Oxford University to launch a trial where class background is included in applications.
During autumn next year, as part of a pilot in the science and medicine faculties, tutors will examine information about a student’s socio-economic background, such as whether they received free school meals, in addition to their academic credentials.
In a bid to increase its intake of students from disadvantaged backgrounds, the university has long encouraged dons to make use of “contextual data” during the admissions process for undergraduates.
As part of the trial, and the university’s push to boost gender equality and ensure that students from ethnic minorities do not face discrimination, Oxford will anonymise elements of applications by removing names and gender pronouns.
Vice Chancellor, Louise Richardson, stated that the university was concerned at a perceived slow rate of progress and it’s recent reforms were aimed at increasing the number of successful applications by students from disadvantaged backgrounds.
Louise commented, “From first glance at this data it is immediately apparent that Oxford University reflects the deep inequalities in our society along socio-economic, regional and ethnic lines. It must also be apparent, even to the most cynical observer, that we are making progress. The numbers are low, the pace is slow, but the trajectory is clear. The number of students admitted to Oxford from deprived backgrounds is steadily increasing.”
Further reforms include a foundation year for talented students lacking the required entry grades, “The entire university community, colleges and halls, departments and divisions, have united behind a commitment to effect a sea change in our admissions practices,” Richardson said.
A representative for the University confirmed that the proportion of BAME students made up more than 18% of its UK admissions in 2018, compared with 13% in 2014. Among black students the proportion rose from 1% in 2014 to 2.6% last year, more than doubling the number admitted from 27 to 65.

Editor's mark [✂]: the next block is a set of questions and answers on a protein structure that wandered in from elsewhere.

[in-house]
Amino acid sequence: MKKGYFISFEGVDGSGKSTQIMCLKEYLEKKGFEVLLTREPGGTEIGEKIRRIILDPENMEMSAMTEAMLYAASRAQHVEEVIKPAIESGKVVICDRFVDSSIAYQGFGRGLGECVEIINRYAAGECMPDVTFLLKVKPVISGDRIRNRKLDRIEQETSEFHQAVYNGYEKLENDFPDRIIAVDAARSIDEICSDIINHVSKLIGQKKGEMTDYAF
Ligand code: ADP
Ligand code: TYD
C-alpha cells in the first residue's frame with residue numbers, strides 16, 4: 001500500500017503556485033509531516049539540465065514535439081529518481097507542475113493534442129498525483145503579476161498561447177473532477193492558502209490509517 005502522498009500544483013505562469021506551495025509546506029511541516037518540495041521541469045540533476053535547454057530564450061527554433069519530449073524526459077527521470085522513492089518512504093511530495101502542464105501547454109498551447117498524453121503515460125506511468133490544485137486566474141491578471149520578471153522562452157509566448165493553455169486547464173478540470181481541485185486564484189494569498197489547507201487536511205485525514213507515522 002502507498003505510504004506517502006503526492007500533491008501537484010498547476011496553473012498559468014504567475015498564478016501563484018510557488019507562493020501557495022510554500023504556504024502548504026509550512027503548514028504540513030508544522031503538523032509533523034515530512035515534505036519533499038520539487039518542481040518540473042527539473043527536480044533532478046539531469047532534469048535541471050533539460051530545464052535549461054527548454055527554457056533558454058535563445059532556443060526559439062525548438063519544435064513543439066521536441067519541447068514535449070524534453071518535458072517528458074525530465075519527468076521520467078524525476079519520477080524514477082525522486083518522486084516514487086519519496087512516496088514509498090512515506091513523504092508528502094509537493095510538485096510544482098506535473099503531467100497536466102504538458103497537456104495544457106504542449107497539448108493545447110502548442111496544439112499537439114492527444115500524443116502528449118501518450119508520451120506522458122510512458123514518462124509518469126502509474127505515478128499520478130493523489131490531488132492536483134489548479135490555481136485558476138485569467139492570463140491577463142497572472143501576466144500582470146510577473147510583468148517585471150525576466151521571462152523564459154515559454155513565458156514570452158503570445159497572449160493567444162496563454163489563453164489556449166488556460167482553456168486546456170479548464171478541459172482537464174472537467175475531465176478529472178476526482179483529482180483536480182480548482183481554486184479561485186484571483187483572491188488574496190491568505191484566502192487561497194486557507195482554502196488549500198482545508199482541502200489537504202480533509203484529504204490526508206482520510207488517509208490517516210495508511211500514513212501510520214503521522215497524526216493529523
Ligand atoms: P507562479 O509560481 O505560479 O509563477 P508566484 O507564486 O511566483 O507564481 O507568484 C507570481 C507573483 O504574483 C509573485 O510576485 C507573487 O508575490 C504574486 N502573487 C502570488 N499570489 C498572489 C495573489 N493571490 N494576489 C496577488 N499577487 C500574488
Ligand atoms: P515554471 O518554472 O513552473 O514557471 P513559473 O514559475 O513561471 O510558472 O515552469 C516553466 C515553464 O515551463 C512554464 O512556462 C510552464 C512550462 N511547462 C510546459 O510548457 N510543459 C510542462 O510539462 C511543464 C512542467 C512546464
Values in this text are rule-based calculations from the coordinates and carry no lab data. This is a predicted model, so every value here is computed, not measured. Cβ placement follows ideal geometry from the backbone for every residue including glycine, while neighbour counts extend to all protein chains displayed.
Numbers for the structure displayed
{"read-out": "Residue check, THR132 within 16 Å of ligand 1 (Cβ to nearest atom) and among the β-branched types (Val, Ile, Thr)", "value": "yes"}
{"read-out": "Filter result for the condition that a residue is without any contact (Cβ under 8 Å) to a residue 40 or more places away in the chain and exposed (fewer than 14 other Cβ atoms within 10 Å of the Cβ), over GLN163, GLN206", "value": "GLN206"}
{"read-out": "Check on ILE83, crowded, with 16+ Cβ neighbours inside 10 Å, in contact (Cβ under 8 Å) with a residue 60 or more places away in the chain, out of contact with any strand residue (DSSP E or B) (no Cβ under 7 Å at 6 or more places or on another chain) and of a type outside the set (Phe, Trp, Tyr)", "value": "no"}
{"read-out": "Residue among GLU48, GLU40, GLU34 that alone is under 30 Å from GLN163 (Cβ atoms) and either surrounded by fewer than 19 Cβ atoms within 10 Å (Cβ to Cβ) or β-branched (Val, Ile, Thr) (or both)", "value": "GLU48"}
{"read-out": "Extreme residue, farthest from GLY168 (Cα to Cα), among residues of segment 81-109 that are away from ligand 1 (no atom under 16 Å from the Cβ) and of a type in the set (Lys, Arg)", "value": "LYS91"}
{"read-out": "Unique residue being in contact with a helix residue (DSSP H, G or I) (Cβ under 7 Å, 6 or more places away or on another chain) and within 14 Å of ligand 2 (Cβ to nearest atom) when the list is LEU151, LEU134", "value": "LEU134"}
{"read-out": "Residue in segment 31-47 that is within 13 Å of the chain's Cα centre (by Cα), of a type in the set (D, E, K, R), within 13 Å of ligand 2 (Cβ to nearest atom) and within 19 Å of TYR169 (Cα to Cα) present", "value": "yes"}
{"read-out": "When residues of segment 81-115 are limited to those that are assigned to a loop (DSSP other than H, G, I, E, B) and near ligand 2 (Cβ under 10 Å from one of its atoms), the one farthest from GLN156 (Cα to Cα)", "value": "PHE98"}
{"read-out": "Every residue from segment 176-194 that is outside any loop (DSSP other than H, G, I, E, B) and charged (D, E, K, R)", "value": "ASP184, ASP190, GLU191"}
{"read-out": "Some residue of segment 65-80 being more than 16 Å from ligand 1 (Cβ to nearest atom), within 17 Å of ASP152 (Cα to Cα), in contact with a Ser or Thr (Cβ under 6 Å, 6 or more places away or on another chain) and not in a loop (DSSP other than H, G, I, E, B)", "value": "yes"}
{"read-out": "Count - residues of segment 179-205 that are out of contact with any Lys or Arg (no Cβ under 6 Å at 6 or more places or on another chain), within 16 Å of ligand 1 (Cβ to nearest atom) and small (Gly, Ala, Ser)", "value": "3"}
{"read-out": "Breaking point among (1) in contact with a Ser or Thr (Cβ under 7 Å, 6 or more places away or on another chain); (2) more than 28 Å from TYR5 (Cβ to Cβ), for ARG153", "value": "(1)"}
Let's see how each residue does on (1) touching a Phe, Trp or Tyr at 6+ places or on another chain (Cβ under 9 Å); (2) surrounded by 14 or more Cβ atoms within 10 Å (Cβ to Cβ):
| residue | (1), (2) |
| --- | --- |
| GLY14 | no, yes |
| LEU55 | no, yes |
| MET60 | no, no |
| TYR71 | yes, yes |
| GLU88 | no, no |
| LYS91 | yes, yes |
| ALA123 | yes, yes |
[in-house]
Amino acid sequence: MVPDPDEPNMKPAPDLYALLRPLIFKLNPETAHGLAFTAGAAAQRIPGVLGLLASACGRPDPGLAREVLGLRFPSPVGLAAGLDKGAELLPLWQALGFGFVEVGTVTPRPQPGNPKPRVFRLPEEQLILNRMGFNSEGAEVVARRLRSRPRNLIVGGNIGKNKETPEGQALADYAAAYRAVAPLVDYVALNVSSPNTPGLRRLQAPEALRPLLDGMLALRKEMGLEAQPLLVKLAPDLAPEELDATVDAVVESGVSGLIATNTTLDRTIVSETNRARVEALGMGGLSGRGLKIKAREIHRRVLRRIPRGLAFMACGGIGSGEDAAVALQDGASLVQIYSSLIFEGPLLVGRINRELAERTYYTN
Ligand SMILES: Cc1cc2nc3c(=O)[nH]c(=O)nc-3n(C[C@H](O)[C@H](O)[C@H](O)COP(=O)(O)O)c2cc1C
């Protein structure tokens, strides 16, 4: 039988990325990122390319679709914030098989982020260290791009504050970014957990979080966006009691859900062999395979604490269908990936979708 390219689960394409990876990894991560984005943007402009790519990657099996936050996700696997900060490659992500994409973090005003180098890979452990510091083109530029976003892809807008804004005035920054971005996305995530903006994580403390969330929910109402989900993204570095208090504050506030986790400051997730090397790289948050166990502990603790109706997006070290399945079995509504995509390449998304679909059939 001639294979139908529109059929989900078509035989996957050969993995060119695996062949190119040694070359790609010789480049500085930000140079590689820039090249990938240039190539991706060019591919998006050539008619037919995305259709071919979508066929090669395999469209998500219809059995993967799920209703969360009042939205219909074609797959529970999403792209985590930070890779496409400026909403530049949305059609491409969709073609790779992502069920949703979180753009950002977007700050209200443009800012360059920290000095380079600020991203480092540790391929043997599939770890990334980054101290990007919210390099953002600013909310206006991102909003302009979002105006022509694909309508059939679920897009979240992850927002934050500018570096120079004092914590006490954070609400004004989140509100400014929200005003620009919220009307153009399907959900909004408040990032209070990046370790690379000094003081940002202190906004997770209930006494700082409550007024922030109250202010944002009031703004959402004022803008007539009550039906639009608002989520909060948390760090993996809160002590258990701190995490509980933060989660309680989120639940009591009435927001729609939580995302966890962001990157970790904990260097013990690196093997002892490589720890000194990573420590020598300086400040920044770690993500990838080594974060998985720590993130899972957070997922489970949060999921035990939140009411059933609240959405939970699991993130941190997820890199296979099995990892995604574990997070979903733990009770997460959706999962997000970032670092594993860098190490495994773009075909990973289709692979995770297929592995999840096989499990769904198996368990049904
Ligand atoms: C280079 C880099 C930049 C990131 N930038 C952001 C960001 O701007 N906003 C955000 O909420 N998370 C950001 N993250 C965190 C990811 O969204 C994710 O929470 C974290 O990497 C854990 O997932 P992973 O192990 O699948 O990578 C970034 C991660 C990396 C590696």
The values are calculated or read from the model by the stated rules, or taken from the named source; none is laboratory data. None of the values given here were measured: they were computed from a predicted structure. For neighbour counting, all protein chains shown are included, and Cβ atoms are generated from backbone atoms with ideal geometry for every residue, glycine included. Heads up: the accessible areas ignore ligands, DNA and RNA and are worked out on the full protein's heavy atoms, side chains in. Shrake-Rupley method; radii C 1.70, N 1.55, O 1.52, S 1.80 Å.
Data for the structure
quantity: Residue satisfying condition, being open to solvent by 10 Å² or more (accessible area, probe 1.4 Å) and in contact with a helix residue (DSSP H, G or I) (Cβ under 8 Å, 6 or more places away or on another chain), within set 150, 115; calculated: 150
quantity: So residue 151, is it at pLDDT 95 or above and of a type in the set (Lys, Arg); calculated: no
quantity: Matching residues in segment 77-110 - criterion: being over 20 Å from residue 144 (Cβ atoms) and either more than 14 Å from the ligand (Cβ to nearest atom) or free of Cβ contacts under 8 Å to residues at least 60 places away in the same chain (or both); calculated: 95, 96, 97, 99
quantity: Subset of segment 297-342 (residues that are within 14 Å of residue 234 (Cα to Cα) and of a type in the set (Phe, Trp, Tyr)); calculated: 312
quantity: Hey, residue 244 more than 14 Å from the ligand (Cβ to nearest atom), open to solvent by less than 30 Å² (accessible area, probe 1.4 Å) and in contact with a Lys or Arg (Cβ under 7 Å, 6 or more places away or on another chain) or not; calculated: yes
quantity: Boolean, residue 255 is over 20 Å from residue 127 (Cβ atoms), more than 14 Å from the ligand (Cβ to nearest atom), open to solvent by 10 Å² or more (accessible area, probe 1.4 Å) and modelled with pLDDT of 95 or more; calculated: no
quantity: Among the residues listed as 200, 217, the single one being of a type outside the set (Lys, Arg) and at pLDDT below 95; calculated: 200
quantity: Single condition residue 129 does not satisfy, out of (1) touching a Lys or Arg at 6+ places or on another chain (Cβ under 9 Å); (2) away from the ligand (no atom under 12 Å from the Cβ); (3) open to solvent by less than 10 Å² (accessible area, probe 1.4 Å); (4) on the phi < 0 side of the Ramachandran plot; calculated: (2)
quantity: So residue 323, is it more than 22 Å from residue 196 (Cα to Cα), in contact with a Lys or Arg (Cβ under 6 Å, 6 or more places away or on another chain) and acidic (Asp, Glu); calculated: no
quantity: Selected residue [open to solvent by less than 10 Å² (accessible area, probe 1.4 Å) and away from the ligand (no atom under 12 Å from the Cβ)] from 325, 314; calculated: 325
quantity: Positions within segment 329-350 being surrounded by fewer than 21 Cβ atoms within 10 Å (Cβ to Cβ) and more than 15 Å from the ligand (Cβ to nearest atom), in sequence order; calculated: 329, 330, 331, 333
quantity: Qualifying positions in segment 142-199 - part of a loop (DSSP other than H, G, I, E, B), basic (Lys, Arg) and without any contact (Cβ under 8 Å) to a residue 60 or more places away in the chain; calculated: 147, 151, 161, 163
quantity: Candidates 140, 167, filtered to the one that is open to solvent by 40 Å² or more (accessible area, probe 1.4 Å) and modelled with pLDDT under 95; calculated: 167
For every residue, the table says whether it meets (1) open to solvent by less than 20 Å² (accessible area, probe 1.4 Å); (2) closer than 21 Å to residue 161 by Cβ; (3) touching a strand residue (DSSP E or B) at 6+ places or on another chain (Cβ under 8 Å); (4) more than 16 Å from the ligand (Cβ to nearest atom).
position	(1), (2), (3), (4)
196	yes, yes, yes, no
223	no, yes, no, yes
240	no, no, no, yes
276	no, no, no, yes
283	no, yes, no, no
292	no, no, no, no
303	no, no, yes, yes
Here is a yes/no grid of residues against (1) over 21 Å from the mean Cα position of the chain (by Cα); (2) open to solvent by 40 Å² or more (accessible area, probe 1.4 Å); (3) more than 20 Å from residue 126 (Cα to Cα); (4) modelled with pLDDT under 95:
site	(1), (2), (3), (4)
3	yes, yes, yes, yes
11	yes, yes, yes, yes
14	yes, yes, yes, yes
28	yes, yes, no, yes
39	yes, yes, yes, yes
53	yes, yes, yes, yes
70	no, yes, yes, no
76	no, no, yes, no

The university also noted that the number of applicants of Pakistani and Bangladeshi origins had risen substantially, over the same period, with admissions rising from 21 to 41 last year.
Government plans to support prospective University Students
Under plans to be outlined by the Government, students who fail to achieve their predicted A-level grades will have their university places held open for them while they appeal.
With students having received grades that are largely based on statistical modelling, as well as their schools historic grades, this raises the prospect of students losing out on university places if they are given incorrect grades. However students may still lose out on their first choice institution even if they are later awarded the correct mark on appeal if their place has been reallocated by the time they get the result of their challenge.
In a letter to vice-chancellors, Michelle Donelan the Minister of State for Universities, said universities should set aside space on undergraduate courses for teenagers who are appealing against their grades and have missed their offers. “We expect the vast majority of grades to be accurate, but it is essential that we have this safety net for young people who may otherwise be held back from moving on to their chosen route.” She further commented, “Where you are aware that a student’s grade may change as the result of an appeal, I would encourage you, where possible, to hold their place until they receive the result of that appeal.”
It is the first time that the Government has intervened in the row over grading this summer and, in an attempt to prevent institutions from aggressively poaching students from their rivals, the Government has also imposed student “number controls” on universities this year. Universities have predicted that due to the coronavirus overseas students, who pay higher tuition fees, may stay away this year leaving a financial black hole and a number of empty spaces.
Ms Donelan told vice-chancellors that any students who are given places following a successful appeal will not count towards their chosen institution’s place limit. This means universities will be able to fill their allotted places with students who have met their offers and then take on more who have been marked up after appeal.